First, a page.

“Doug loves a challenge!”
Strategic Discipline Blog
Did you realize when a customer says thanks, they make you happy, but they make themselves even happier. In her book The How of Happiness, Sonja Lyubomirsky, a professor at the University of California, Riverside, describes a dozen scientifically proven strategies to make yourself happier. The first? Expressing gratitude.
Right now you should be deep into your annual planning or already have completed it. In preparing our coaching clients for annual planning we always ask the company to complete a short five question employee survey to gather information. Questions include what the company should start, stop and keep doing. (Send me an email Employee Survey if you’d like these five questions.) Discovery like this is important for the business in looking ahead. Remember the movie “Titanic?” “Iceberg dead ahead?” Many times the people at the tactical level of our business know much more than we give them credit for, and frequently they see the obstacles, challenges and opportunities far better than we or our mangers and departments heads can.
Imagine it’s the biggest moment of your life. Your opportunity for glory. The moment professionally you’ve practiced and prepared for. Now imagine it’s in front of a live audience and millions of TV viewers. In fact it’s the biggest stage in the world! It’s a critical moment for you and the people you work with.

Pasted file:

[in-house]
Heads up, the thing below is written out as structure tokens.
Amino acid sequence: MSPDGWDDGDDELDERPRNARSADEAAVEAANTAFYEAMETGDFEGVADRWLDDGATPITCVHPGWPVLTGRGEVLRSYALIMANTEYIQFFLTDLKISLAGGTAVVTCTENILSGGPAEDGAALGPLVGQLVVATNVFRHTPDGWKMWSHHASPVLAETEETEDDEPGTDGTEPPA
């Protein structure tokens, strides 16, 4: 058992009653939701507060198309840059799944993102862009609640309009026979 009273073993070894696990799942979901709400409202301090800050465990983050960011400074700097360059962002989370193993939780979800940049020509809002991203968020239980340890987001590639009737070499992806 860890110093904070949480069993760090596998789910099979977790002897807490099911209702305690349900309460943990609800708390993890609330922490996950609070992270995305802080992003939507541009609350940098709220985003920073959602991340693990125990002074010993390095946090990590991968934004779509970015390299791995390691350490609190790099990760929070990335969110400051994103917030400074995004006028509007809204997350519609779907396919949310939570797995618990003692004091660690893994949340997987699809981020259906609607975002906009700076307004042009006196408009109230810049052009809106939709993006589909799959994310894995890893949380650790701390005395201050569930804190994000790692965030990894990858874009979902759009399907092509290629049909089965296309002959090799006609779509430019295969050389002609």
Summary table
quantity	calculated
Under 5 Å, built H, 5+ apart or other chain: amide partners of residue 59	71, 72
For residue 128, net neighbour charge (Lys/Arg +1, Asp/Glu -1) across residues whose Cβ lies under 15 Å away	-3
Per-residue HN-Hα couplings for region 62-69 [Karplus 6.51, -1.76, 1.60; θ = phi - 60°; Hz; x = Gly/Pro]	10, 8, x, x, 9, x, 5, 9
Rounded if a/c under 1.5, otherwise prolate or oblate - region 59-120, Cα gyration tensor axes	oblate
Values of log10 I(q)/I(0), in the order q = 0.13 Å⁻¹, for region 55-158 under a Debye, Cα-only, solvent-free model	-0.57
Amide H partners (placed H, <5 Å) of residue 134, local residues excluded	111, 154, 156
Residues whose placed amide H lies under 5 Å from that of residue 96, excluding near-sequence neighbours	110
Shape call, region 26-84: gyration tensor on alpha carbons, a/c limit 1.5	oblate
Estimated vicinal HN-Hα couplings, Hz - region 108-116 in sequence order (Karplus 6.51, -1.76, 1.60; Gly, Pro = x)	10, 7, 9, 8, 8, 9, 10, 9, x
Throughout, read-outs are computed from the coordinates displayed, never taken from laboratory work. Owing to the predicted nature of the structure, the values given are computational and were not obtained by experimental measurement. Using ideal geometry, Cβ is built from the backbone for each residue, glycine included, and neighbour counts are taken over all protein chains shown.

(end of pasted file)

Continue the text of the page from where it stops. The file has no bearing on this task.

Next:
Usually during tough times managers get tough. They succumb to the pressure and use more punishment and negative reinforcement. Why is this a recipe for disaster? If both positive and negative reinforcement get results why should we care?
We’ve looked at the importance and frequency of positive reinforcement in previous blogs, How the Best Managers and Leaders Deliver Positive Reinforcement and Employee Feedback – The Need for Frequent Positive Reinforcement. Employee Feedback falls into Strategic Discipline's fundamental practices for effective meeting rhythms. When we address customer and employee feedback in workshops and with our clients, frequently there’s confusion and misunderstanding about what this means. It’s often because companies have their rhythms with regard to employees and staff and forget how critical their happiness and engagement can impact the bottom line growth of their business.
How often do you need to reinforce? Dawn of Impatience shares Aubrey Daniel’s Bringing Out the Best In People’s view why since 1984 the influence and commitment to positive reinforcement has steadily increased.
Small things add up. When it comes to producing results from positive reinforcement a small difference influences results dramatically. Most effective leaders, managers, and supervisors do not necessarily reinforce more often than ineffective ones. It’s the detail of what they focus on that makes them better. Discipline to this detail compounds over time. It delivers steady pressure on the fly wheel which Jim Collins notes distinguishes the Good to Great companies. Eventually it provides the impetus to breakthrough. There is no miracle moment. Breakthrough only comes through daily discipline of doing the right things right.